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Orion has made the difficult decision to close our warehouse facility in the Netherlands. With the continuing supply chain/logistics challenges and slowness in the economy we have found that it is not economically feasible to maintain operations in the UK and Europe.

We have therefore stopped taking orders on this website. We apologize for any inconvenience.

We will continue to have Orion dealers in Europe to meet the needs of Orion consumers. We will also continue to honor the 30-Day product return period as well as honoring the Orion warranty for purchases made in the UK and Europe.

Our US-based Customer Service Representatives are here to help. Contact them via email at support@telescope.com or in the United Kingdom, via phone at 0-800-041-8146 (Monday-Friday between the hours of 1300 and 2400 GMT).

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What's In the Sky - March
What's In the Sky - March

Get outside for stargazing fun in March! The entire astronomy community is hoping Comet PANSTARRS will put on a celestial show this month, which it will if it survives its close-approach to the Sun. However, even if PANSTARRS doesn't live up to expectations, March evenings still offer plenty of amazing celestial sights to enjoy! Here are a few of Orion's top picks for March stargazing:

First Comet of 2013 - Comet PANSTARRS - Starting about mid-March, this comet will swing around the Sun and could provide wonderful views if it survives the close-approach. During its race away from the Sun, assuming it stays intact, Comet PANSTARRS will initially be visible with unaided eyes, but you'll need binoculars or a telescope as it gets father away from the Sun.

Triple Conjunction - Get outside after dark on the evenings of March 15th through the 18th to see a wonderful conjunction in the night sky as the crescent Moon sails past the Pleiades star cluster (M45) and bright planet Jupiter.

Hunt the Hunter - March is prime time to see the constellation of Orion and the Orion Nebula. After March, our namesake constellation will get lower and lower in the west, making it harder to see. The wispy Orion Nebula can easily be seen with 50mm or larger binoculars, and using a telescope will reveal more detail.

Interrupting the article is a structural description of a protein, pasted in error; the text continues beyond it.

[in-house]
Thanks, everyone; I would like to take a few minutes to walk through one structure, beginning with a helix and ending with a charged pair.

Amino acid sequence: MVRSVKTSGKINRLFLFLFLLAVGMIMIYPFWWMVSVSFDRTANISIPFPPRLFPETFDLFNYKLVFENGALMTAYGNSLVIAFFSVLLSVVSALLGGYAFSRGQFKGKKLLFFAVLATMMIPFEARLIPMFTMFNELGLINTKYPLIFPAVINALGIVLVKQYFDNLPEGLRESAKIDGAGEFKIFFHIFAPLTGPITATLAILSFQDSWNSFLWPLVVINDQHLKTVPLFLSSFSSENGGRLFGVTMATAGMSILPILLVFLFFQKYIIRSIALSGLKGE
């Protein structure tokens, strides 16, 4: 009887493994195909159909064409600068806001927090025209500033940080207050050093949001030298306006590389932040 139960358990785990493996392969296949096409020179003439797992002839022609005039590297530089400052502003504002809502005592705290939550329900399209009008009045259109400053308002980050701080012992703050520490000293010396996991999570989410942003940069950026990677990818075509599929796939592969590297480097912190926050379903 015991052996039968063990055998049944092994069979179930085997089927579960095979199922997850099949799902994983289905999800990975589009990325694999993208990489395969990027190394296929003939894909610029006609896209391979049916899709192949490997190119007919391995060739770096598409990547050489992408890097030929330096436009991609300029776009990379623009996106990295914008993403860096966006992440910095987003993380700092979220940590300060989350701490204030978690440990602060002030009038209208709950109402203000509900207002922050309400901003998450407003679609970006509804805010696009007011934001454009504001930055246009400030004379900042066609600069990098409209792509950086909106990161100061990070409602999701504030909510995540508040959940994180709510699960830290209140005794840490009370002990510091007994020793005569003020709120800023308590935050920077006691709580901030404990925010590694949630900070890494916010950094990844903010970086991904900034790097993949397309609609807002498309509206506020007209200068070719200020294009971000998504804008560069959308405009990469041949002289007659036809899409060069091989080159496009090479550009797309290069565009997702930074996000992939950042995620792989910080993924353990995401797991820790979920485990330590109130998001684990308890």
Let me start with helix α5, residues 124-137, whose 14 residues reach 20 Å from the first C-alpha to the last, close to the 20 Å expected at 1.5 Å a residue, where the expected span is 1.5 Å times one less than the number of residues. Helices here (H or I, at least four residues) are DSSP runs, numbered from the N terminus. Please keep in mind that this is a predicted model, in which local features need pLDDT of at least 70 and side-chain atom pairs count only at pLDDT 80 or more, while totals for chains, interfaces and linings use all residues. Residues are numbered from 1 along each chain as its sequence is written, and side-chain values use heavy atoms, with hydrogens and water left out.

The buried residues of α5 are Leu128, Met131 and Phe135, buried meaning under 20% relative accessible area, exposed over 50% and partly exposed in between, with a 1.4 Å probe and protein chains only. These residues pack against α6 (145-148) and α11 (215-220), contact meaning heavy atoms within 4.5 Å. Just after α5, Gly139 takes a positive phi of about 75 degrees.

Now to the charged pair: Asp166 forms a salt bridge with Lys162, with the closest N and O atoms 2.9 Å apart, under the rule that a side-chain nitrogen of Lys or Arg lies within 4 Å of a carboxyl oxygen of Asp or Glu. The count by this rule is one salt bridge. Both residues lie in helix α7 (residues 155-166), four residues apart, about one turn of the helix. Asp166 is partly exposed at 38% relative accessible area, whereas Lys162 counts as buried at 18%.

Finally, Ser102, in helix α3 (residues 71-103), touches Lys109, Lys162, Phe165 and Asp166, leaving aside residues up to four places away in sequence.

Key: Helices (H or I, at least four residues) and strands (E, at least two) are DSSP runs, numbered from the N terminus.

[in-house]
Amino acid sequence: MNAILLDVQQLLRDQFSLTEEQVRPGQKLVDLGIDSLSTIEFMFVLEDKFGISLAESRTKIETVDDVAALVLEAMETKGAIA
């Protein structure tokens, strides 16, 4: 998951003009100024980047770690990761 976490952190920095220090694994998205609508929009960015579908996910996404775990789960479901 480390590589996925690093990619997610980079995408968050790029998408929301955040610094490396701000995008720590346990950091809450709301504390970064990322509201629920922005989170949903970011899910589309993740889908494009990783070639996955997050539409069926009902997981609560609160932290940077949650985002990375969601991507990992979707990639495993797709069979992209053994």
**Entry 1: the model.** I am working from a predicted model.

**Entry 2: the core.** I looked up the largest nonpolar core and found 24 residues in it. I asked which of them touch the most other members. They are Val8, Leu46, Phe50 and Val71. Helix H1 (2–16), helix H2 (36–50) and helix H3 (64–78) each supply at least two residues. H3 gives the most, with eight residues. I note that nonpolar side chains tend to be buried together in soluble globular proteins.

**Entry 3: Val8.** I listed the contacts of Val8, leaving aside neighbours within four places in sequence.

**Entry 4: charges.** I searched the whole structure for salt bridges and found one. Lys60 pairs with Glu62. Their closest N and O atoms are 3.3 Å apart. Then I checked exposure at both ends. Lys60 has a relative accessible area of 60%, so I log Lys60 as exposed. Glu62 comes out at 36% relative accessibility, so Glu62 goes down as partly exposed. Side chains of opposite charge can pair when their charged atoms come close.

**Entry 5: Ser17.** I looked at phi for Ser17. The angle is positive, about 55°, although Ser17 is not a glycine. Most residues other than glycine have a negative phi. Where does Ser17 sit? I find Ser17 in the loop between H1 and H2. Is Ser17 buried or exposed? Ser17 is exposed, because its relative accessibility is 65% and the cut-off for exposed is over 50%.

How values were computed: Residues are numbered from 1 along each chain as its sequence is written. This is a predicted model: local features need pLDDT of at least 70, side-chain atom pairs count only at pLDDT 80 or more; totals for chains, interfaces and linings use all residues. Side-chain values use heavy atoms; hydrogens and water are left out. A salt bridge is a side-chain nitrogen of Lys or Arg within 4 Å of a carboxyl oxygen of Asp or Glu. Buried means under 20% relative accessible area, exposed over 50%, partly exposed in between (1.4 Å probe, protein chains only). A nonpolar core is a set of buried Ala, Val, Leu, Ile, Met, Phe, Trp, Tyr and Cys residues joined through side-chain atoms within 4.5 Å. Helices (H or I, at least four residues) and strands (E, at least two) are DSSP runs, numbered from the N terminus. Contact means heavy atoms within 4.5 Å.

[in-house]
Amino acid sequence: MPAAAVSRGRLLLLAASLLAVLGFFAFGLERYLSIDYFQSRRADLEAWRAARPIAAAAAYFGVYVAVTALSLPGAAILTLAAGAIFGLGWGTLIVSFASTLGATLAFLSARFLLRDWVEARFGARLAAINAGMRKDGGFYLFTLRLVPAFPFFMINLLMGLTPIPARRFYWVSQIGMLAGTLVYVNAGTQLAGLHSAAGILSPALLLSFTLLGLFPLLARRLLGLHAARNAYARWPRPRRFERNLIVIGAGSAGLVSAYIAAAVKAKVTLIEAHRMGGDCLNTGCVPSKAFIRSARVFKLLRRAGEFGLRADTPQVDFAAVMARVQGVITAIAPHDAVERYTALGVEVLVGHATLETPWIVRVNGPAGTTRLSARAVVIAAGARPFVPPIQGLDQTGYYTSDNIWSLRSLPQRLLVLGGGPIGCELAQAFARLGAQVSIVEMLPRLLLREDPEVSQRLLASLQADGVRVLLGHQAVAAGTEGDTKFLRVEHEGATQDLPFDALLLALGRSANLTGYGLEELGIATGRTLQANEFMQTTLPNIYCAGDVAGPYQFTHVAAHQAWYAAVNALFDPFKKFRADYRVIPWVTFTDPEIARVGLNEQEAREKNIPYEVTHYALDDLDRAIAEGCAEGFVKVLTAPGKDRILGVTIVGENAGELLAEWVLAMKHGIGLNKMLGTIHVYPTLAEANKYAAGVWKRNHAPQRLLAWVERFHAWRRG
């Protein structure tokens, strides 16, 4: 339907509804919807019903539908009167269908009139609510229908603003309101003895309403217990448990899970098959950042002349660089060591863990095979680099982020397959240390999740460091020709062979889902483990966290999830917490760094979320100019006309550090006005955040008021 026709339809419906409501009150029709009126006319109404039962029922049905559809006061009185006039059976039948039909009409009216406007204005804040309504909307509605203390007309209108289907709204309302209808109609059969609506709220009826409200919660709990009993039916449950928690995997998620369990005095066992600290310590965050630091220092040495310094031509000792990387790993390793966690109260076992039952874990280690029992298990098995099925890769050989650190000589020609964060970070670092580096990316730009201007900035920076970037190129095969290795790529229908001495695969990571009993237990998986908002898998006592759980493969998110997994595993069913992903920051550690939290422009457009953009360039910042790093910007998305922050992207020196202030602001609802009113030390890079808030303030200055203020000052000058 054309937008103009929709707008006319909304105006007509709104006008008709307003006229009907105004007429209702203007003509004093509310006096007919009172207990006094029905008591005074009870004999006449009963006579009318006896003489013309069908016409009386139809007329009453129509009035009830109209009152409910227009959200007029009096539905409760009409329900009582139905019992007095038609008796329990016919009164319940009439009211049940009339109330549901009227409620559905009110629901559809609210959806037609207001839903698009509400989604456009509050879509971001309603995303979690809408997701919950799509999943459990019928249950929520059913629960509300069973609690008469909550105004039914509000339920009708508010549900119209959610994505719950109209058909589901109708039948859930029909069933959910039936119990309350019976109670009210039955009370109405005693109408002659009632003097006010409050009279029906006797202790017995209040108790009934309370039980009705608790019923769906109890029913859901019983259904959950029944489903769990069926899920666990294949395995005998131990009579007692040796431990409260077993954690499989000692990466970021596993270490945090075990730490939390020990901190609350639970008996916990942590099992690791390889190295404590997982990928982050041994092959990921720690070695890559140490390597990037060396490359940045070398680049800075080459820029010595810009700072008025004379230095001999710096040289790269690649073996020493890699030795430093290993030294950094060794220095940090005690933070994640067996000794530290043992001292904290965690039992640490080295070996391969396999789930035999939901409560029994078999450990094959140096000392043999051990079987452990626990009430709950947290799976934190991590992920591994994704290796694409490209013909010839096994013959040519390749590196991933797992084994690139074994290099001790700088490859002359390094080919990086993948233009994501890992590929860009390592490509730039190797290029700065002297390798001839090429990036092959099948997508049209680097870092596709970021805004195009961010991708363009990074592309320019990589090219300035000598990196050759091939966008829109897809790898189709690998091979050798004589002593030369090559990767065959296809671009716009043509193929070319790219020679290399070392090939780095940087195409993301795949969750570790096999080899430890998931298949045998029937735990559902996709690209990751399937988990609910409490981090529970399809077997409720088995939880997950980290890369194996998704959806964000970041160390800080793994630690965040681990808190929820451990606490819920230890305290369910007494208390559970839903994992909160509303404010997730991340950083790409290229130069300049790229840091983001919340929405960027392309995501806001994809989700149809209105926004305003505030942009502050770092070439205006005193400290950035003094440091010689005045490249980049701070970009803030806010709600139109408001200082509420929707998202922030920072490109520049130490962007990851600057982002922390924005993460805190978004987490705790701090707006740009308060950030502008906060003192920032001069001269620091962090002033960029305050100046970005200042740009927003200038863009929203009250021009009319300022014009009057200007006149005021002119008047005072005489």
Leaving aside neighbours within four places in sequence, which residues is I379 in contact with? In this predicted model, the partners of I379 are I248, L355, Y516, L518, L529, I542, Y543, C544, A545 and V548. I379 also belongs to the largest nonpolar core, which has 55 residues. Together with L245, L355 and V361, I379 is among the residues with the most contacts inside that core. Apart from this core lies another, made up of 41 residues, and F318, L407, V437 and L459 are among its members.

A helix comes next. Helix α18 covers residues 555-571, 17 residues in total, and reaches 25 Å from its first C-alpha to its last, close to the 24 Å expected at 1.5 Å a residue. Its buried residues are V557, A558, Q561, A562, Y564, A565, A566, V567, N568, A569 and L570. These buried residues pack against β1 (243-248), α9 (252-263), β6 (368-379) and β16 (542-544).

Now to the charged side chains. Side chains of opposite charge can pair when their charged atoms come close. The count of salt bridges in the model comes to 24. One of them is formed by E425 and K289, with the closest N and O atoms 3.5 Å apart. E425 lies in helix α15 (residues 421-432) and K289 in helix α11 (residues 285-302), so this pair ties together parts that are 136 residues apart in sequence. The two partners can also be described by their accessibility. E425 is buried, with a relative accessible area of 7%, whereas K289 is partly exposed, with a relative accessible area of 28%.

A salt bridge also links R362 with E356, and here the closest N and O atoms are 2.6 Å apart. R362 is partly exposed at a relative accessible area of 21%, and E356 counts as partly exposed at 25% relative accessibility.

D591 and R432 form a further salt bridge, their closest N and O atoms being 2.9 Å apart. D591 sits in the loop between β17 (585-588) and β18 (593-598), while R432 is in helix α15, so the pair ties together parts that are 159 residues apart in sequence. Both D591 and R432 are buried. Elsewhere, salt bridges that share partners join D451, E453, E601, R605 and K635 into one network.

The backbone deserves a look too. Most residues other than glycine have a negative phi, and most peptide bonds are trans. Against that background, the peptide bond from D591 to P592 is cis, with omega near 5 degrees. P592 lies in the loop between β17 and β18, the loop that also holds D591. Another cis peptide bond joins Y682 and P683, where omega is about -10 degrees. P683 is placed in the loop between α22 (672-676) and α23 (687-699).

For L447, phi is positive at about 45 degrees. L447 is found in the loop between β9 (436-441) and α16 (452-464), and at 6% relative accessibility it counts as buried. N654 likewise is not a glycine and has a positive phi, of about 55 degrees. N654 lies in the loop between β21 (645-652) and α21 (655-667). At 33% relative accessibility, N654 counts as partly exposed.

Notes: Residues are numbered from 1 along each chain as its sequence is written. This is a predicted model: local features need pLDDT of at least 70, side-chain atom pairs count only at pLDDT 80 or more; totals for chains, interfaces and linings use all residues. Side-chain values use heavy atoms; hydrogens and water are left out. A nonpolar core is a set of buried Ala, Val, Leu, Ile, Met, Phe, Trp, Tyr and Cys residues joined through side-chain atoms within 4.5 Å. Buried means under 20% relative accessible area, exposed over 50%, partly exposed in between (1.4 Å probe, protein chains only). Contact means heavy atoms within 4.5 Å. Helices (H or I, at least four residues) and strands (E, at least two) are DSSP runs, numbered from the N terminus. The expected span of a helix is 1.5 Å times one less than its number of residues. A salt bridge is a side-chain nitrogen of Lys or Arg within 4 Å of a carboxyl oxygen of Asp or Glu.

Brilliant Binocular Clusters - Use 50mm or larger binoculars in March for great views of the Pleiades cluster (M45), the Beehive cluster (M44), and the amazing Double Cluster in Perseus. These sparkling sky gems are simply beautiful when observed with big binoculars.

Last Call for M31 - Don't miss the last good views of the season of the Andromeda Galaxy (M31) low in the northwestern skies of March. It's the brightest spiral galaxy in the sky (except for the Milky Way).

Gas Giant - Big and bright Jupiter continues to be a splendid sight in March skies. Still fairly high in the sky, Jupiter and its four brightest moons provide an excellent planetary target for observation and imaging. Don't forget to send us your astrophotos of Jupiter - we'd love to see them!

Galaxies Galore - By about 9pm throughout March, Ursa Major, Leo, and the western edge of the Virgo galaxy cluster are high enough in the eastern sky to yield great views of some of our favorite galaxies. Check out the bright pair of M81 and M82 just above the Big Dipper asterism. Look east of Regulus to observe M65 and M66, which can be seen in a 60mm refractor or larger telescope. In the northeastern sky of March, check out the famous Whirlpool Galaxy (M1). While the Whirlpool can be seen with 50mm binoculars, using a 10" or 12" telescope in a dark sky site will let you start to see its beautiful spiral arms.

Challenge Object, NGC 2403 - Use a telescope to look for the wonderful face-on spiral galaxy NGC 2403 in the constellation Camelopardalis. If you're using a fairly large telescope, you may even be able to catch the nearby faint satellite galaxies Holmberg II and NGC 2366.

All objects described above can easily be seen with the suggested equipment from a dark sky site, a viewing location some distance away from city lights where light pollution and when bright moonlight does not overpower the stars. All objects have been verified by actual observations by Orion Telescopes & Binoculars Staff at Fremont Peak State Park, and/or Deep Sky Ranch, 60 miles and 90 miles respectively from San Jose International Airport, San Jose, CA.

Date Taken: 02/22/2013
Author: Orion Staff
Category: Seasonal

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